The idea that the world is an illusion has served as a plot device in several films, bringing the concept into pop culture.
Is the world actually an illusion?
Indeed, it sounds pretty far-fetched! All of our senses tell us this world is very solid and real—we can see, hear, touch, taste, and smell it.
We interact with the people and objects in it from the moment we wake up until we fall sleep again at night.
How often does one stop and wonder whether the world is an illusion when there’s 12 million things to do every single day? Who has the time?
Yet, the idea has penetrated our mass consciousness thanks to Hollywood!
Warning: There are spoilers ahead but, in fairness, three of the movies below were released before our beloved Blockbuster Video went extinct (RIP, Blockbuster).
The Matrix Series
No doubt The Matrix films must have come to mind and, if not, you may have been living off the grid, far from civilization’s reach for the last couple of decades (although not the worst thing!).
Just in case you haven’t seen it in a while, the movie portrays a bleak future in which humans’ consciousness is imprisoned in an AI-created virtual reality, while their bodies (in suspended animation) serve as an energy source for the malevolent, self-aware machines.
But our hero, Neo, doesn’t know all this quite yet. He senses something is wrong with the world he appears to live in, although he can’t quite put his finger on it. . . .
Fortunately, his newfound mentor, Morpheus, saves us all a bunch of time by informing Neo that he and everyone else was born into “a prison for your mind”.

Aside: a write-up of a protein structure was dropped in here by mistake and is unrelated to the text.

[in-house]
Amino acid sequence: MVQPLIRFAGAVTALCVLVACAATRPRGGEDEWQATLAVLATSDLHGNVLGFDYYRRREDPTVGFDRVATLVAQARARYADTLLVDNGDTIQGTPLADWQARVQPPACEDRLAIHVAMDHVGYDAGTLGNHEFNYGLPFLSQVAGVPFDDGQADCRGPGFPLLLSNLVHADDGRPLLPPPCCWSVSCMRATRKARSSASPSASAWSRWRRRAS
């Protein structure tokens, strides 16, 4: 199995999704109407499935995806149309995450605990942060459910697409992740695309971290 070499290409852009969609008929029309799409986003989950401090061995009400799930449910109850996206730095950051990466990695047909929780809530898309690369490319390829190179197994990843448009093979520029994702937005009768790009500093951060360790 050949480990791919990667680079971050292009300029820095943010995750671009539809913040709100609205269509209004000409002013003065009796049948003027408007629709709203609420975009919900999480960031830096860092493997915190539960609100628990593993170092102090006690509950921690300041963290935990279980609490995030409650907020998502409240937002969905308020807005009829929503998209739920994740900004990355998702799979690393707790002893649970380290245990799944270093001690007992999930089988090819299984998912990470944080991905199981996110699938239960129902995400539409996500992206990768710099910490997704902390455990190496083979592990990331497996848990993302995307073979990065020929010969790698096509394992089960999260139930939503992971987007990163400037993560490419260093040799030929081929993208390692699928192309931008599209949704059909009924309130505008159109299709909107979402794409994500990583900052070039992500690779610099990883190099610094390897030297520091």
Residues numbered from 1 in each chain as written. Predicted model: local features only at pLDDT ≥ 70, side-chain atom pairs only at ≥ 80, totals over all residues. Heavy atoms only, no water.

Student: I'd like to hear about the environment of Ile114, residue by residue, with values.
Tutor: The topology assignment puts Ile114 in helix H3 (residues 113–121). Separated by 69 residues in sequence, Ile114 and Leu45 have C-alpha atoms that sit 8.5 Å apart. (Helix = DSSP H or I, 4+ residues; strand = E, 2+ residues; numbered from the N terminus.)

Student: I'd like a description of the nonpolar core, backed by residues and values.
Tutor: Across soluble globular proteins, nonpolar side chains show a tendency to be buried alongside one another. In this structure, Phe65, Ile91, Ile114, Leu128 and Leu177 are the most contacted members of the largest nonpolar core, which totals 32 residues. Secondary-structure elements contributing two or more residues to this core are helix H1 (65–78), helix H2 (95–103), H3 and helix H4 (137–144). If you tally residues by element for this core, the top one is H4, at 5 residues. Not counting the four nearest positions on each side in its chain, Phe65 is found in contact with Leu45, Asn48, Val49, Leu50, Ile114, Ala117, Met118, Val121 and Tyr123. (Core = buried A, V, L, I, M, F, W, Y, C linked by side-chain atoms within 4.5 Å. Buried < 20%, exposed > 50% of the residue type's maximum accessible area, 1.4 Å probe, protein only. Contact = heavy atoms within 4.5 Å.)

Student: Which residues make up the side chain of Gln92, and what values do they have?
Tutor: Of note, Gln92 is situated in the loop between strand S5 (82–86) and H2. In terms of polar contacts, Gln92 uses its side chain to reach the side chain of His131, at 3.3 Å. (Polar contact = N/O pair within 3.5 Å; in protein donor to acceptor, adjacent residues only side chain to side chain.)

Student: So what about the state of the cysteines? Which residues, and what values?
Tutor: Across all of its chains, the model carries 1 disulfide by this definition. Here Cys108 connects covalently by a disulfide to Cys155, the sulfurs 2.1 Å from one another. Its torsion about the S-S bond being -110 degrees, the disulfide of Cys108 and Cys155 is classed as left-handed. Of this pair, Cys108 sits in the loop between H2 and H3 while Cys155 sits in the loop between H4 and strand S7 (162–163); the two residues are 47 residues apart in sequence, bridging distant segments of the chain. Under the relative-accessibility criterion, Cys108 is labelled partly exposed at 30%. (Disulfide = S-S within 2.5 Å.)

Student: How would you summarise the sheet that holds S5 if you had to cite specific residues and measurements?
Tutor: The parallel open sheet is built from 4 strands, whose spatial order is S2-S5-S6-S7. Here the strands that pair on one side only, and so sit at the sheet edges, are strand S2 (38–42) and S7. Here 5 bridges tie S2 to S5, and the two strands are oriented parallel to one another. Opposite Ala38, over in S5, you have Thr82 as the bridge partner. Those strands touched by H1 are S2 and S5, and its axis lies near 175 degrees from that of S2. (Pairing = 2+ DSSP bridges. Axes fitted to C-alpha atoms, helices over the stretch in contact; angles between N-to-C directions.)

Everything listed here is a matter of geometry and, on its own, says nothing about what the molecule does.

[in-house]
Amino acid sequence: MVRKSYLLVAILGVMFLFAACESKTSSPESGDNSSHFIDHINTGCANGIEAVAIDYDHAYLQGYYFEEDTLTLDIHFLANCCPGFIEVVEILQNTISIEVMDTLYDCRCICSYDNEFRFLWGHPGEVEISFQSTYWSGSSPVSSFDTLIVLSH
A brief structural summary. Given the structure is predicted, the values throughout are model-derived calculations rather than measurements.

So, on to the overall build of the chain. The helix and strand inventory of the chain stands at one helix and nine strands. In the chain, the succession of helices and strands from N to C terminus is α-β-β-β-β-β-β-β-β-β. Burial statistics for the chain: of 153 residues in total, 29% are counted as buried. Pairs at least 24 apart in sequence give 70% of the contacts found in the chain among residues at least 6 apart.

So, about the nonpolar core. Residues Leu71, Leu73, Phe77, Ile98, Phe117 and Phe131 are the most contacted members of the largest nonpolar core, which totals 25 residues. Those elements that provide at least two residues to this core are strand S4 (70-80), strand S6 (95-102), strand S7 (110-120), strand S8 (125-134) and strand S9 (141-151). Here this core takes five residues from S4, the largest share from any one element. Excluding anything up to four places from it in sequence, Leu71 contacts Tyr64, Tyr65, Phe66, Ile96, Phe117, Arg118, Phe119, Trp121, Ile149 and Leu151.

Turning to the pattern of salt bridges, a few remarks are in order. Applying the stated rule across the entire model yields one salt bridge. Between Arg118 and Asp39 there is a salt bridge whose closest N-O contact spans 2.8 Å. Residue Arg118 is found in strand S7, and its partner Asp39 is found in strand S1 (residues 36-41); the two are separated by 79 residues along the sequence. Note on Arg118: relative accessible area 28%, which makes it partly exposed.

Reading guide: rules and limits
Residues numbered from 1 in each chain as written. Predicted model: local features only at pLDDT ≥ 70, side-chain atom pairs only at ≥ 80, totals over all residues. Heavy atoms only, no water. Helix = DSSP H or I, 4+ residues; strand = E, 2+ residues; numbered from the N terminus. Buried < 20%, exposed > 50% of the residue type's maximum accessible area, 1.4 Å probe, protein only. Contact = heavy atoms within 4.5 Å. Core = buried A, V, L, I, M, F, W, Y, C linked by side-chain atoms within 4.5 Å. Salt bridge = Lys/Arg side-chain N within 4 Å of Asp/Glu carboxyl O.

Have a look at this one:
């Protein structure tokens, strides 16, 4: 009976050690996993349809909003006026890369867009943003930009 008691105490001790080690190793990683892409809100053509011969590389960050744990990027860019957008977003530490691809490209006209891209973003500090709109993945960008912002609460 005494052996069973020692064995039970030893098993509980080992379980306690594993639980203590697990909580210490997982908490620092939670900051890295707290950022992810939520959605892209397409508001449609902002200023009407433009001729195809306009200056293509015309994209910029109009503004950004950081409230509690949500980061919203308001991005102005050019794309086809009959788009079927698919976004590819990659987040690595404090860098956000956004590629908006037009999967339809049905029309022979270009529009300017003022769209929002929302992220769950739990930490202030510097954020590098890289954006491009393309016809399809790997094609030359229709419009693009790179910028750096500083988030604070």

Naturally, Neo opts to journey down the rabbit hole and awaken to the truth (fondly known as getting “red-pilled”), thereby freeing himself from physical and psychological imprisonment (otherwise, what an exceedingly dull 2+ hour movie!).
This is our first introduction to Simulation Theory, which posits that the Earth and the entire universe are actually a very sophisticated computer simulation. We’ll circle back to this in another post.
But who could really say if we were actually locked inside such a system if we have no awareness beyond it? And clearly whomever/whatever created it could outsmart us at every turn?
Don’t worry. Elon Musk and Google’s Ray Kurzweil are trying to level the playing field by racing to develop nanotechnology that, once inserted into the brain, will connect us directly to the internet and data clouds.
Oh wait . . . now that actually sounds like plugging into the Matrix. . . .
So, coming way too soon (2029 to be more exact), we’ll be able to physically merge with technology and AI.
According to Kurzweil, with the implanted brain-computer interface we’ll become accustomed to living in “a highly realistic virtual and augmented reality” with which we’ll be able to physically engage.
How might this change/distort our perception of ourselves and our world?
How will we be able to distinguish between fiction and reality?
Now, for all your immortality needs, we can go full Matrix once Kurzweil realizes his vision of embedding people’s consciousness into silicon, allowing us to live inside machines until . . . well . . . the plug is pulled on the overarching computer simulation. Oops.
Even with all of the interesting possibilities, I’ll pass.
Here’s to hoping conscious AI turns out to be benevolent (oh boy, those Terminator movies don’t look so optimistic)!
There have been other mind-bending and entertaining movies, like Inception.
When does a dream end and awakened reality begin? And how do we know the difference between them?
Throughout the movie, we believe that we can tell them apart. Yet, at the end of the film, we second-guess ourselves.
Does Leonardo’s character finally reunite with his “real” children in a fully awakened state?
Or is he still viewing his mind’s projection of them while dreaming, thus only believing that he’s awake?
His totem spins with a physics-defying amount of momentum, then ever so briefly wobbles, giving us no closure. Maybe it’s irrelevant, because he’s finally able to embrace and enjoy his children. . . .